Stepping out of the screening for a break, Ali said his takeaway from his remarkable year is to not focus on the awards, but to keep an unwavering commitment to his craft and to growing as an individual. “If you are not working on ways to improve yourself, you will find yourself stagnant as an artist. So, if anything, the award has reminded me to really do work towards being a better person, a better human being, a better artist, father, husband, and talent.”

After a standing ovation, the audience witnessed a lively postscreening conversation between Ali and Engle. The duo sat onstage and talked at length about the film, its authenticity as a portrait of urban life, how Ali related to the character of Juan, and his own journey as an artist.

Engle also offered questions from the audience. “What advice can you offer for beginning conversations about race, class, gender, sexuality across different generations?” asked Engle.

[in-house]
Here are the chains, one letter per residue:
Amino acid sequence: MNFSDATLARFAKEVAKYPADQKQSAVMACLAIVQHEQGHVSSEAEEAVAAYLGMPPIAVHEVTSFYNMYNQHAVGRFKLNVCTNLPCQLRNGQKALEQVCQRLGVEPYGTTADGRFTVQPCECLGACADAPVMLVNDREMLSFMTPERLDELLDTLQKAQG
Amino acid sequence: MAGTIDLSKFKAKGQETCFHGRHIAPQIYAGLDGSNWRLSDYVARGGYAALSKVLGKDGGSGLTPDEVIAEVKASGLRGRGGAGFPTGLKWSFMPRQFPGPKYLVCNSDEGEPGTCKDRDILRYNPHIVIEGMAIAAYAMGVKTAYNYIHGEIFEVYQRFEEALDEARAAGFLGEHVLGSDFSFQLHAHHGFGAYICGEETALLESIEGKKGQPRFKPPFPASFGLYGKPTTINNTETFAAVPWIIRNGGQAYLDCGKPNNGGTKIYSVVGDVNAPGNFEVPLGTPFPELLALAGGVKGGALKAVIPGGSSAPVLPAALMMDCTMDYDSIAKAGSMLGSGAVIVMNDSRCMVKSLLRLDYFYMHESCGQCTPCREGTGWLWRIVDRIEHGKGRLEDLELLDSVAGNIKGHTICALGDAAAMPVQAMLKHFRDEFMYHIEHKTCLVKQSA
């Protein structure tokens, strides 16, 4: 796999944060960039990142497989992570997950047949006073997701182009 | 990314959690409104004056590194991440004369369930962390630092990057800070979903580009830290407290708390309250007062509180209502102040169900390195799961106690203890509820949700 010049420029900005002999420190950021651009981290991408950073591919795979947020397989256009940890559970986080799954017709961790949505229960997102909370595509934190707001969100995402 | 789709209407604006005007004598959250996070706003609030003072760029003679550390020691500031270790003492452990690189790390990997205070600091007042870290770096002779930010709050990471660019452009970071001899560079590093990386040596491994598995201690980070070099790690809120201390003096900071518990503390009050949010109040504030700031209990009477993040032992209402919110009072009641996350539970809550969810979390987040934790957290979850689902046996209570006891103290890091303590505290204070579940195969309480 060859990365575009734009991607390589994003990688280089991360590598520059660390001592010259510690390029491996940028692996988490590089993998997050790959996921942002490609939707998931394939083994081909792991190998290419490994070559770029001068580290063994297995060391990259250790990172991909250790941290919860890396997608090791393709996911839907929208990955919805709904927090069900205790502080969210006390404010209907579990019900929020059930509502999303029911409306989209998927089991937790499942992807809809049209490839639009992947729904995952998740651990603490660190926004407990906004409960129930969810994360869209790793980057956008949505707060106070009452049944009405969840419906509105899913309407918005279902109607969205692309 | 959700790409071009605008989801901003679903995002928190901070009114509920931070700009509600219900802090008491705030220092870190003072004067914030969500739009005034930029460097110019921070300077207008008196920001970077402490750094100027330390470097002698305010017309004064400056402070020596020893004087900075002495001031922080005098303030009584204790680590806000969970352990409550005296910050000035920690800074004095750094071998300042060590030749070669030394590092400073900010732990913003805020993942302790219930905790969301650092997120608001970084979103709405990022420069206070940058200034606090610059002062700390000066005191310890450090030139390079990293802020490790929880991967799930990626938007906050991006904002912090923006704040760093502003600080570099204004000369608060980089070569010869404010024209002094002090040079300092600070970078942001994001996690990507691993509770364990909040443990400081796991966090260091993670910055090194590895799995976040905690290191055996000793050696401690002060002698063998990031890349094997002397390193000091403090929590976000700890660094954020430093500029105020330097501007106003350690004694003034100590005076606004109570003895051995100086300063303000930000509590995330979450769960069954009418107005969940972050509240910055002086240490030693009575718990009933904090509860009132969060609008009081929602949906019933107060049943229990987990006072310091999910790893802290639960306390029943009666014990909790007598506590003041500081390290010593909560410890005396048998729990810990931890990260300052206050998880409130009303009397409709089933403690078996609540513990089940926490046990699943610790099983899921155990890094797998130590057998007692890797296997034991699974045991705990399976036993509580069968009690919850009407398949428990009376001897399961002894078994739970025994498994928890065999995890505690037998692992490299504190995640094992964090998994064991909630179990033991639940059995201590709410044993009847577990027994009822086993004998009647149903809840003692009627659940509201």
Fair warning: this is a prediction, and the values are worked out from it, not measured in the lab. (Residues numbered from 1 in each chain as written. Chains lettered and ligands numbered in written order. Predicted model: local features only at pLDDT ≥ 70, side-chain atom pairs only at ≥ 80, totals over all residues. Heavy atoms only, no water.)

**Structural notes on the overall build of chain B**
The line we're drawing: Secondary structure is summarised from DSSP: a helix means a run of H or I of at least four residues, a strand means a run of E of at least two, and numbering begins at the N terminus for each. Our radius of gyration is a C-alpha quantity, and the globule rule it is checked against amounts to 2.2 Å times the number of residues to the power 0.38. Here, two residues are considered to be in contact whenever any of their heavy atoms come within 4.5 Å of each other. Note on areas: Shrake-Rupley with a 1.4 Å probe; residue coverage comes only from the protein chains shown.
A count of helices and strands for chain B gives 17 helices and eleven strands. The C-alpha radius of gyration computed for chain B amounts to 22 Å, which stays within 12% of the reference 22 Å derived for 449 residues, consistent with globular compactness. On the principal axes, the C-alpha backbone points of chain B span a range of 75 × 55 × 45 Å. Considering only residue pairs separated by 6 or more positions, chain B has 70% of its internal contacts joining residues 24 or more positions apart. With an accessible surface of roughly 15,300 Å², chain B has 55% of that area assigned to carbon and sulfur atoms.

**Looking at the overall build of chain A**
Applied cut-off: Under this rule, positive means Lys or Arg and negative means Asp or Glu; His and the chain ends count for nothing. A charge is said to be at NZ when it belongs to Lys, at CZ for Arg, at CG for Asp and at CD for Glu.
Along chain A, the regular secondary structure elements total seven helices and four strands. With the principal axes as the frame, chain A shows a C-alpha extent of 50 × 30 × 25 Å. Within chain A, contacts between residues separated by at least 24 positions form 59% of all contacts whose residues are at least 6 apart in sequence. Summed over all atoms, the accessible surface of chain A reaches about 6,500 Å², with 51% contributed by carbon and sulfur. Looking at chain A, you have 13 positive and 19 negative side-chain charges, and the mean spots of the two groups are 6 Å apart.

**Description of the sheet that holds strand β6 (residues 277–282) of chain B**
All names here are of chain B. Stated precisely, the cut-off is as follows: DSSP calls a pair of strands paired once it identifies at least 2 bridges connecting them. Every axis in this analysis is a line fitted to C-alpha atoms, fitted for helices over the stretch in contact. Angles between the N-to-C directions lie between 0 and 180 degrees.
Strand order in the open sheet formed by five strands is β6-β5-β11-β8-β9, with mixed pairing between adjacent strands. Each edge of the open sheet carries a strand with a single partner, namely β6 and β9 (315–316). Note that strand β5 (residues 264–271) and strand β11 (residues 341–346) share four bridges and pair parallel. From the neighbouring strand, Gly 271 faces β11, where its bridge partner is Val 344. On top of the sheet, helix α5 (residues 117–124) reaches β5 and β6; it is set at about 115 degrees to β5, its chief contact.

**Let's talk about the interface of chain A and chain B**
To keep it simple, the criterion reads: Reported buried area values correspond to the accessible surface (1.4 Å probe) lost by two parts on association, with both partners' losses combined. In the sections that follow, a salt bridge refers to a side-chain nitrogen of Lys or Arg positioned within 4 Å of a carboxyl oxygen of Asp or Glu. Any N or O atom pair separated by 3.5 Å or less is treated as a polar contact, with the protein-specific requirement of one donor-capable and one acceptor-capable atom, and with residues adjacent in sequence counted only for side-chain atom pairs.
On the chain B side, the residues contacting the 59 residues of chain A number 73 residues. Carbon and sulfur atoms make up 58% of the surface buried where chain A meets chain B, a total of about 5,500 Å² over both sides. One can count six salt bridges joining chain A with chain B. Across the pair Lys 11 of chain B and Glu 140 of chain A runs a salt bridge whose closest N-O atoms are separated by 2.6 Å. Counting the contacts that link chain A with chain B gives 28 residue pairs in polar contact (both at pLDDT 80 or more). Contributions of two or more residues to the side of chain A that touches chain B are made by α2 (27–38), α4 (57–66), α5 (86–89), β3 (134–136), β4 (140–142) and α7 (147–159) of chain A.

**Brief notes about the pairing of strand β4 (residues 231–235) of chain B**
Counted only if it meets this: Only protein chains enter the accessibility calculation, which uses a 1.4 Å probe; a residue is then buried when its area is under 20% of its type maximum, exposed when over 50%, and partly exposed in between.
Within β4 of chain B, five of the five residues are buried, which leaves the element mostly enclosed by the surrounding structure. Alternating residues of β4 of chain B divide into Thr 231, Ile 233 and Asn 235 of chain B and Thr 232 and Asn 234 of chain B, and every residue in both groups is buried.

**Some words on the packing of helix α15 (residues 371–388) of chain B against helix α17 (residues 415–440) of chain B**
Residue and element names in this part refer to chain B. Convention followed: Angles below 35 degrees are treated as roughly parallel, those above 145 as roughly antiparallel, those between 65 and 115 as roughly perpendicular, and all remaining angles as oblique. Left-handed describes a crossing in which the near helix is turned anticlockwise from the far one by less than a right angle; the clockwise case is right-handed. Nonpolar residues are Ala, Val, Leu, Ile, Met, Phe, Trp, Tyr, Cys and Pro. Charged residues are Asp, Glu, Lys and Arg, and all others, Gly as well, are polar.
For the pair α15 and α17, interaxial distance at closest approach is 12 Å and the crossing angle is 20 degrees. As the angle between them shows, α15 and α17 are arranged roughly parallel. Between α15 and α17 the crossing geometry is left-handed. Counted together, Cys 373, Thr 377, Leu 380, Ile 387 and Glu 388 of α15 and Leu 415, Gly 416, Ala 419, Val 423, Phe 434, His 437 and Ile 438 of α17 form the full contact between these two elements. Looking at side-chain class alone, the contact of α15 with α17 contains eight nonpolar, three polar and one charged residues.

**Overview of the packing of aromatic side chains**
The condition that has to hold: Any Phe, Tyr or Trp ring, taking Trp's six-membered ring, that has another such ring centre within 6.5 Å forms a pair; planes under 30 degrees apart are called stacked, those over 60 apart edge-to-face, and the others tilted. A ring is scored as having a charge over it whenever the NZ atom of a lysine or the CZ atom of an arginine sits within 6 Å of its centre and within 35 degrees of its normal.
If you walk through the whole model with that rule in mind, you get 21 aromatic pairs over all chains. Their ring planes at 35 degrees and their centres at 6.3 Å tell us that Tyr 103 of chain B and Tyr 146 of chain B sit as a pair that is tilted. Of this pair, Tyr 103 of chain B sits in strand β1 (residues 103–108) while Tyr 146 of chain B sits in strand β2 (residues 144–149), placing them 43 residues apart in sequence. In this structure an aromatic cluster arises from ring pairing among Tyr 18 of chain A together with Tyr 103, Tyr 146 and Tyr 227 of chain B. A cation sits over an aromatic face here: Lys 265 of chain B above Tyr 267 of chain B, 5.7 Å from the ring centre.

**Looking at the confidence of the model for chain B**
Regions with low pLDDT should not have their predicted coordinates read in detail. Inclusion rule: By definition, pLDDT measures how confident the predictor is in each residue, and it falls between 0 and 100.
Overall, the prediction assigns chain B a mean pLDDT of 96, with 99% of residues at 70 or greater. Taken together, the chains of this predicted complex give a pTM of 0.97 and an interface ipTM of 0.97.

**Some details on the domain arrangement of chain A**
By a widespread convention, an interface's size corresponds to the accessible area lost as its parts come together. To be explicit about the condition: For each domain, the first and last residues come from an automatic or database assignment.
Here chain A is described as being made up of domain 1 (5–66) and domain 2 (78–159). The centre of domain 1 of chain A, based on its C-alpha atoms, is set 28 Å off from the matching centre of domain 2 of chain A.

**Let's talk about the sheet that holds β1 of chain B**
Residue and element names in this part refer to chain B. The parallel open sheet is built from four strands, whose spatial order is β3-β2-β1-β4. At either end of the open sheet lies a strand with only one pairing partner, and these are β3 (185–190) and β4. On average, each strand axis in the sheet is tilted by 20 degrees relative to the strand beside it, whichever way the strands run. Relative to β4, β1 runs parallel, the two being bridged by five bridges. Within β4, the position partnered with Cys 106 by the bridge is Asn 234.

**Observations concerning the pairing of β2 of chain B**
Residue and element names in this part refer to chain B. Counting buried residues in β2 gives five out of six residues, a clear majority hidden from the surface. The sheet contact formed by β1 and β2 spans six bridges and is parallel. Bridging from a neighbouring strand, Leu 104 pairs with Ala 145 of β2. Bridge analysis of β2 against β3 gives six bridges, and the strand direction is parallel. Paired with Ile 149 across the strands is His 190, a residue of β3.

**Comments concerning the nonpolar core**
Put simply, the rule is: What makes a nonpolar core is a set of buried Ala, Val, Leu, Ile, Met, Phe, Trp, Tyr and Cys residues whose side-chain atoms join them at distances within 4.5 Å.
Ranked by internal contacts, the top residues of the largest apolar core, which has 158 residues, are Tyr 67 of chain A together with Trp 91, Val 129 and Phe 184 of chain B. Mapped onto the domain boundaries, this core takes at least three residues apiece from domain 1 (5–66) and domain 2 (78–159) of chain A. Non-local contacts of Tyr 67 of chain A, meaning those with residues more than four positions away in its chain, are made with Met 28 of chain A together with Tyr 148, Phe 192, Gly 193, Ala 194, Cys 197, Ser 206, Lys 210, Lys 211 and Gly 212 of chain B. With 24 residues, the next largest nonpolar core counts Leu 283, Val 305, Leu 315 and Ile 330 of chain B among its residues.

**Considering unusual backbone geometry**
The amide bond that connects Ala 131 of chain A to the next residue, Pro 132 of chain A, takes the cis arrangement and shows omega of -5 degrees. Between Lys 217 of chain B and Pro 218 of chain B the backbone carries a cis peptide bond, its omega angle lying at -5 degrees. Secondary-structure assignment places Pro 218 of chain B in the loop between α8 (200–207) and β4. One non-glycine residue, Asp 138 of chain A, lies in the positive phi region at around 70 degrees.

My advice is that you have to step into that space, whether it’s in your dorm room with your roommate or in a more official setting,” Ali said. “But everyone has to step into that space without arrogance. But it’s not an easy fix. People are pent-up and angry, you know? And feel unrecognized, disenfranchised, and so they need to talk about it. We want people to be able to feel like their voice is heard and really be supported. Because we are different. We’re different! It’s OK! But we’re all equal in that we are different and unique.”

Engle’s last audience question made Ali smile: “What is your most fun memory of Saint Mary’s?”

Spunk! Doing Spunk with you!” he said to his former professor. “It was like a world opened up. I wish you guys [pointing to the audience] could have seen it. It felt special, it really did.” As Engle and Ali embraced, the audience rose to their feet again in applause.